Obesity is a major health concern, affecting nearly one-third of adults in the United States alone. It has been established that obesity contributes to many pathologies including cardiovascular disease and altered metabolism. Researchers recently observed that obesity diminishes protein metabolic turnover in skeletal muscles following a protein-rich meal. In other words, excessive fat accumulation diminishes muscle sensitivity to dietary protein intake and results in decreased protein synthesis following meal ingestion. Health care providers should focus on restoring sensitivity of muscles to ingested proteins by encouraging physical exercise prior to meal intakes.
Obesity is a major health concern, affecting one-third of the adults in the United States alone. It has been well established that excessive accumulation of body fat contributes to the development of a variety of pathologies, including cardiovascular disease and metabolic disorders. Furthermore, it has been proposed that the skeletal muscle, a primary regulator of the basal metabolic rate, has impaired protein metabolism in obese and overweight individuals. It is thought that the impaired metabolic activity is a result of improper protein turnover or the lack of sensitivity to protein-rich meals. In other words, individuals with excessive fat accumulation tend to react differently, metabolically, following a protein-rich meal compared to healthy individuals.
A group of researchers compared protein synthesis response, in skeletal muscles, following a protein-rich meal in healthy, overweight, and obese adults. They hypothesized that ingestion of protein-rich meal would stimulate the skeletal muscles in all participants, and thus result in similar postprandial (after meal) protein synthesis rates. A total of thirty participants were recruited including ten healthy adults, ten overweight adults, and ten obese adults. The participants in the three groups were balanced for age and sex. At baseline, each participant’s glucose tolerance, blood pressure, body weight, and height were measured. On the day of experimentation, following a starvation period, the participants were given 170 g lean pork loin as a meal. The meal was representative of the typical protein amount consumed by adults in the United States at dinner, and was enough to stimulate protein synthesis.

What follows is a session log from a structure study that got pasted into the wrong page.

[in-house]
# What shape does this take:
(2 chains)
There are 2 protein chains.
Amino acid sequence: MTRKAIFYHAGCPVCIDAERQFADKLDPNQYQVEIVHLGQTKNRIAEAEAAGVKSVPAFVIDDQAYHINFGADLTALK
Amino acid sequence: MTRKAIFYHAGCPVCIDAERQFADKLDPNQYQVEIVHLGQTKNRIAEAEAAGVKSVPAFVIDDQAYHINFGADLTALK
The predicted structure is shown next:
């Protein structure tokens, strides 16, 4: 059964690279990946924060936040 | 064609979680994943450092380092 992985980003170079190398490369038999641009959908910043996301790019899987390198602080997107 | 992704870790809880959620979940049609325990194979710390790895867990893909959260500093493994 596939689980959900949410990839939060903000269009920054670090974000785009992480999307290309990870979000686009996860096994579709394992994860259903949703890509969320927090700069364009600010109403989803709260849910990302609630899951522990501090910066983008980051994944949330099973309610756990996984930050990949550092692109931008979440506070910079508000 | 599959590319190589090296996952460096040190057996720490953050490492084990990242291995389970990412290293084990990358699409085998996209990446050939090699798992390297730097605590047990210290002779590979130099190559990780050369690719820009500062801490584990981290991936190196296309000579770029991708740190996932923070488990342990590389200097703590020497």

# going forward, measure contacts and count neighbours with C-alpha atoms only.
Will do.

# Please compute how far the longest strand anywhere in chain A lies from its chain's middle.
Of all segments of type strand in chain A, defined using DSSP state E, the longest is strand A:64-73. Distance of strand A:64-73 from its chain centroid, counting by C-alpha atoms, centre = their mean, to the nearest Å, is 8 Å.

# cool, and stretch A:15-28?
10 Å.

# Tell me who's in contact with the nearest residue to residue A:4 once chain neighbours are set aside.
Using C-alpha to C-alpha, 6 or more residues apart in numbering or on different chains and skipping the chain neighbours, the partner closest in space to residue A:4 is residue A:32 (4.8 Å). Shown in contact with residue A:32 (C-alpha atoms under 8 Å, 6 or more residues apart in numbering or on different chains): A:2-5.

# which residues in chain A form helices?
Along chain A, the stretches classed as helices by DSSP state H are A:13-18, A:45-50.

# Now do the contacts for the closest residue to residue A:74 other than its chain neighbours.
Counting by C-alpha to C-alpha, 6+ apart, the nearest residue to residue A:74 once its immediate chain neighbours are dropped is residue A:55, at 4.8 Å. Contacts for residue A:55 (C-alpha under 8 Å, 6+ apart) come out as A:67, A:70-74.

The researchers demonstrated that blood glucose levels were similar for all three groups following meal consumption. However, insulin concentrations were much higher in obese participants in comparison to overweight and healthy individuals. Hyperinsulinemia, a condition with elevated insulin levels in the blood, has been associated with many metabolic diseases and pathological conditions. Additionally, researchers demonstrated that protein synthesis in skeletal muscles was similar at baseline between all three groups. Following the meal, however, healthy individuals had a significant increase in protein synthesis, whereas no increased synthesis was observed in overweight and obese individuals. This was true despite having all three groups demonstrating an increase in amino acid content following the protein-rich meal. The researchers also investigated molecular mechanisms, including the mTORC1 protein, which responds to nutrition intake and regulates metabolic activity. It was discovered that mTORC1 protein and phosphorylated mTORC1 were elevated in obese and overweight participants. The researchers proposed that this elevation may contribute to the inability of skeletal muscles to respond to a protein-rich meal in obese and overweight individuals.
In conclusion, researchers observed a diminished protein synthesis response in obese and overweight individuals following a protein-rich meal. In other words, excessive fat accumulation may contribute to defective metabolic signaling in skeletal muscles, as a result of an impaired sensitivity to dietary proteins following a protein-rich meal. Promoting strategies like physical activity before eating can improve sensitivity of muscles to dietary proteins, and should be a therapeutic focus in obese and overweight individuals.
Written By: Haisam Shah, BSc